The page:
-Prodrome (lasts 2-8 days): fever/ cough/ coryza/ malaise/ anorexia/ conjunctivitis/ Koplik’s spots (buccal mucosa)/ leukopenia
-Maculopapular Erythematous Rash (see Exanthems, [[Exanthems]]): begins on face and neck and progresses to extremities and trunk/ disappears in 5-6 days (in same geographic pattern/ symptoms improve several days after rash onset, cough may persist)/ onset correlates with development of host immune response and subsequent termination of virus shedding/ rash also occurs in agammaglobulinemic patients
-Pulmonary complications (4-50% of cases):
a) Bronchitis:
b) Interstitial pneumonia (multilobar reticulonodular infiltrate): pleural effusion and lobar consolidation suggest superimposed bacterial infection
–In 30% of cases with impaired cell-mediated immunity, pneumonia may occur without rash (this is rare in normal persons)
–Measles pneumonia may occur during pregnancy or HIV-associated cases
c) Croup: less common
d) Bronchiolitis: less common
e) SQ or mediastinal emphysema: high incidence in children
f) Bronchiectasis: may follow (sometimes with adenovirus and HSV infection) childhood cases in developing countries
g) Bacterial superinfection (H. Flu/ N. Meningitidis/ Pneumococcus): complicates 30-50% of young adult cases with measles pneumonia/ usually begins 5-10 days after rash onset

-Other organ complications:
a) Otitis media/ sinusitis: complicates 30% of cases
b) Hepatitis/ encephalitis/ keratitis/ mesenteric adenitis/ diarrhea: more common in developing countries

2) Atypical measles (occurs in adults that received the vaccine between 1963-1968 who are exposed to wild type virus/ probably due to destroyed F protein in inactivated Measles virus used in vacccine):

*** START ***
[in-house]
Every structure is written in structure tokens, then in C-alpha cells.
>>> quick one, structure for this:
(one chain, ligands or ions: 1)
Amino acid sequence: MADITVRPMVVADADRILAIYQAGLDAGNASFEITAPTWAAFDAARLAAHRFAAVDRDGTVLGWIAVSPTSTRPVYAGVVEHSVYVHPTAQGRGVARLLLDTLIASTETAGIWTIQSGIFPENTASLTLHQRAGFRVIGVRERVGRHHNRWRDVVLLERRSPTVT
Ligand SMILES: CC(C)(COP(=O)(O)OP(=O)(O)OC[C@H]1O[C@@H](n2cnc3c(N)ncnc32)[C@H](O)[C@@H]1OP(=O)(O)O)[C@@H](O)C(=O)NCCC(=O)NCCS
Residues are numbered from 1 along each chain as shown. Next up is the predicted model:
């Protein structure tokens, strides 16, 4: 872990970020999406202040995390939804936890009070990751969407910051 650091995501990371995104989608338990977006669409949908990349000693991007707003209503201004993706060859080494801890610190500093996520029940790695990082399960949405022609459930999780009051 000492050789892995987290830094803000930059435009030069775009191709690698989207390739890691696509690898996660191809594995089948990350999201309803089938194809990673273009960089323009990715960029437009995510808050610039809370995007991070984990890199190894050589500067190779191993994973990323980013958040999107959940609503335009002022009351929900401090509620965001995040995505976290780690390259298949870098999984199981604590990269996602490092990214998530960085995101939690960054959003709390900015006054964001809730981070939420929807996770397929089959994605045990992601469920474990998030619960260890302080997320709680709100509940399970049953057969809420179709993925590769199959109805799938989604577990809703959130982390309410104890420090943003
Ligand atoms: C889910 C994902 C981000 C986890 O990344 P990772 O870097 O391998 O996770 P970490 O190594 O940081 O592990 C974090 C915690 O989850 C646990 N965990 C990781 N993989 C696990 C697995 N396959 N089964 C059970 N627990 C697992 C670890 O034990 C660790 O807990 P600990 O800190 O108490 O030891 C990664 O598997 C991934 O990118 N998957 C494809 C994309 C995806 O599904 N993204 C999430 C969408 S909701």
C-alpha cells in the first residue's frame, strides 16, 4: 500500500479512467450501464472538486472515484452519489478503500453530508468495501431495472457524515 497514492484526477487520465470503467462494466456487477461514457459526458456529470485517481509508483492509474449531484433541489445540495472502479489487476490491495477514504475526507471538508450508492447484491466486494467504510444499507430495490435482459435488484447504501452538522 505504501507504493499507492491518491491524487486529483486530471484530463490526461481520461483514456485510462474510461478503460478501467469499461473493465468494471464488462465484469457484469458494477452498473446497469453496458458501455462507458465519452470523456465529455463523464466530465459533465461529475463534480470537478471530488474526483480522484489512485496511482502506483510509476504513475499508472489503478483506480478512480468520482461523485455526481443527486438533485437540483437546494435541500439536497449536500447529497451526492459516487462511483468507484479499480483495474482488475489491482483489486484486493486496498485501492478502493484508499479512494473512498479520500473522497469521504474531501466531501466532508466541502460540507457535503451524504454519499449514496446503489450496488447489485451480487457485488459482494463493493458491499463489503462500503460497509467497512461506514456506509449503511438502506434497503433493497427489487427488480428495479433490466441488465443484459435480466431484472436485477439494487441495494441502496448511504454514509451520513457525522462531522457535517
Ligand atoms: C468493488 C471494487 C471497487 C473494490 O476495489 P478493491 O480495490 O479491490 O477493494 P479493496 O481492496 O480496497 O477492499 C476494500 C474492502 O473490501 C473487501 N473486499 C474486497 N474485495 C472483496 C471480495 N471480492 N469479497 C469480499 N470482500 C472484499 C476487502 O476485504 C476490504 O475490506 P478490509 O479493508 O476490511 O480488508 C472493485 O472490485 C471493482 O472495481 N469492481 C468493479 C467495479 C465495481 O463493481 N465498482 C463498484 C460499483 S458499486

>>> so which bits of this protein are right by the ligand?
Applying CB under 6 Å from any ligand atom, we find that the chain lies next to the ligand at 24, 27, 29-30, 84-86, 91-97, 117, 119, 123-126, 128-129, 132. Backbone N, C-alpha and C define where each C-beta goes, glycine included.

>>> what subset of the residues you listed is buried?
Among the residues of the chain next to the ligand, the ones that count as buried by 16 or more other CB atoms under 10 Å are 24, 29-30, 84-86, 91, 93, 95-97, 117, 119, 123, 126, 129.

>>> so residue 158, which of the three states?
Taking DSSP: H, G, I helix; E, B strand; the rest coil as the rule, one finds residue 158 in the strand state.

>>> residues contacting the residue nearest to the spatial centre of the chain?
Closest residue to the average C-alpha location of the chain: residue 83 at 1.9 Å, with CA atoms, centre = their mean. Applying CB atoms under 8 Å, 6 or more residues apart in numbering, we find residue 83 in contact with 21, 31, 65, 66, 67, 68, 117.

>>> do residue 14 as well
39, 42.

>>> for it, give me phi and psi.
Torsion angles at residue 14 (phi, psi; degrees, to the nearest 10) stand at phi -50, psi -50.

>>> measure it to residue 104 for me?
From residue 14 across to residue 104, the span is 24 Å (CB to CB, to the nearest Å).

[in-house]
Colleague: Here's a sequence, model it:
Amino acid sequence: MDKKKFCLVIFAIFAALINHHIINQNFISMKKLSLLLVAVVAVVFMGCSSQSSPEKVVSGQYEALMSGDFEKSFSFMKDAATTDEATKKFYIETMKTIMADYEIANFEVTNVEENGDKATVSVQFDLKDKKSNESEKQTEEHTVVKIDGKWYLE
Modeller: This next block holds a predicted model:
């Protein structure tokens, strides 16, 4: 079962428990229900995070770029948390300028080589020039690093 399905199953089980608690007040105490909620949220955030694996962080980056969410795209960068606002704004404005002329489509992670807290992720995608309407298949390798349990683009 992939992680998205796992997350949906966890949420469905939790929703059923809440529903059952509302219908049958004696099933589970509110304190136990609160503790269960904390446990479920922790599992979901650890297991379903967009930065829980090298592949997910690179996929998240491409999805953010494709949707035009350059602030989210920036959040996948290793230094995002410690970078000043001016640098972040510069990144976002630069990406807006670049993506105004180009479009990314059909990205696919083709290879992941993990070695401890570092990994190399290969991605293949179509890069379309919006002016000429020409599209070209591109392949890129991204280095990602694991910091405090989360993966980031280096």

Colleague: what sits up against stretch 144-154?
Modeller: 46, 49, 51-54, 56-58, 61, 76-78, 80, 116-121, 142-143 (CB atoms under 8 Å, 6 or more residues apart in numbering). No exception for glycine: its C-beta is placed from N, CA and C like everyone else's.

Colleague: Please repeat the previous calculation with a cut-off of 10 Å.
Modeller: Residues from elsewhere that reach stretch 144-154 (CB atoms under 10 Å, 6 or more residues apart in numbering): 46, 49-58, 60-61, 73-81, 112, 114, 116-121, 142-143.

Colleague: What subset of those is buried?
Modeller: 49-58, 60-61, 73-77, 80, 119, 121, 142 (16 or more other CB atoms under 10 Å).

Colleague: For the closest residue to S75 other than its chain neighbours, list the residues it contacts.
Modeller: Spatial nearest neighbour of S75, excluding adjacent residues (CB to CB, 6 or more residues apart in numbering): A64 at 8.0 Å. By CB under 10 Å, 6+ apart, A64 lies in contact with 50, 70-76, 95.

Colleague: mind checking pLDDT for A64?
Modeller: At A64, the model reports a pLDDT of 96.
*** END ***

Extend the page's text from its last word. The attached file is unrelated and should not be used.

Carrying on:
-Abrupt onset of high fever/ headache/ myalgia/ vomiting/ abdominal pain/ coryza/ dry cough/ conjunctivitis/ glossitis with “strawberry tongue”/ absence of Koplik’s spots
-Most of these symptoms resolve within 1-3 weeks
-Recurrences of atypical measles have not been reported
-Serology: shows low titers with rapid rise in early convalescent samples (suggests anamnestic response)
-Polymorphous rash: may include vesicles, petechiae, purpura, urticaria/ begins on distal extremities and spreads proximally over 3-5 days
-Pulmonary complications (occur in most cases):
a) Patchy, diffuse reticulonodular, or dense lobar or segmental infiltrates: usually have associated hilar adenopathy/ may have pleural effusion/ hypoxemia/ restriction on PFT’s
–Residual nodular infiltrates may persist for years (and may calcify)


Supportive care: treat bacterial infection, respiratory isolation, etc.
Measles pneumonia: inhaled and IV Ribavirin + IVIG: has been used in some cases
Vit. A: decreases morbidity and mortality in severe measles in children
Measles vaccine (live attenuated): given first dose at 12-15 months, second at school entry
-Confers durable immunity in 90%
-Revaccinate: recipients of inactivated vaccine/ close sequence of inactivated and live attenuated vaccines/ vaccination during IVIG/ vaccination before 1 y/o
-Tolerated but less immunogenic in HIV positive children and post-BMT
-Less immunogenic in infants with colds

Post-exposure IVIG: for close contacts of infectious cases (especially under 1 y/o, pregnant, immuno-compromised)
-Prevents or modifies Measles if given within 6 days of exposure
-Post-exposure vaccine prevents Measles in normal hosts only if given within 72 hrs of exposure


  • Infection induces life-long protection against Measles (although asymptomatic reinfection may occur)
  • Mortality: <0.1% (developed countries), 2% (underdeveloped contries), as high as 25% (some outbreak areas)
    • In hospitalized patients, Measles pneumonia mortality is 70% in oncology and 40% in HIV patients
    • Mortality is due to lung and CNS complications and are related to malnutrition, age, and immunosuppression
  • Poor prognostic factors: leukopenia <2000/mm3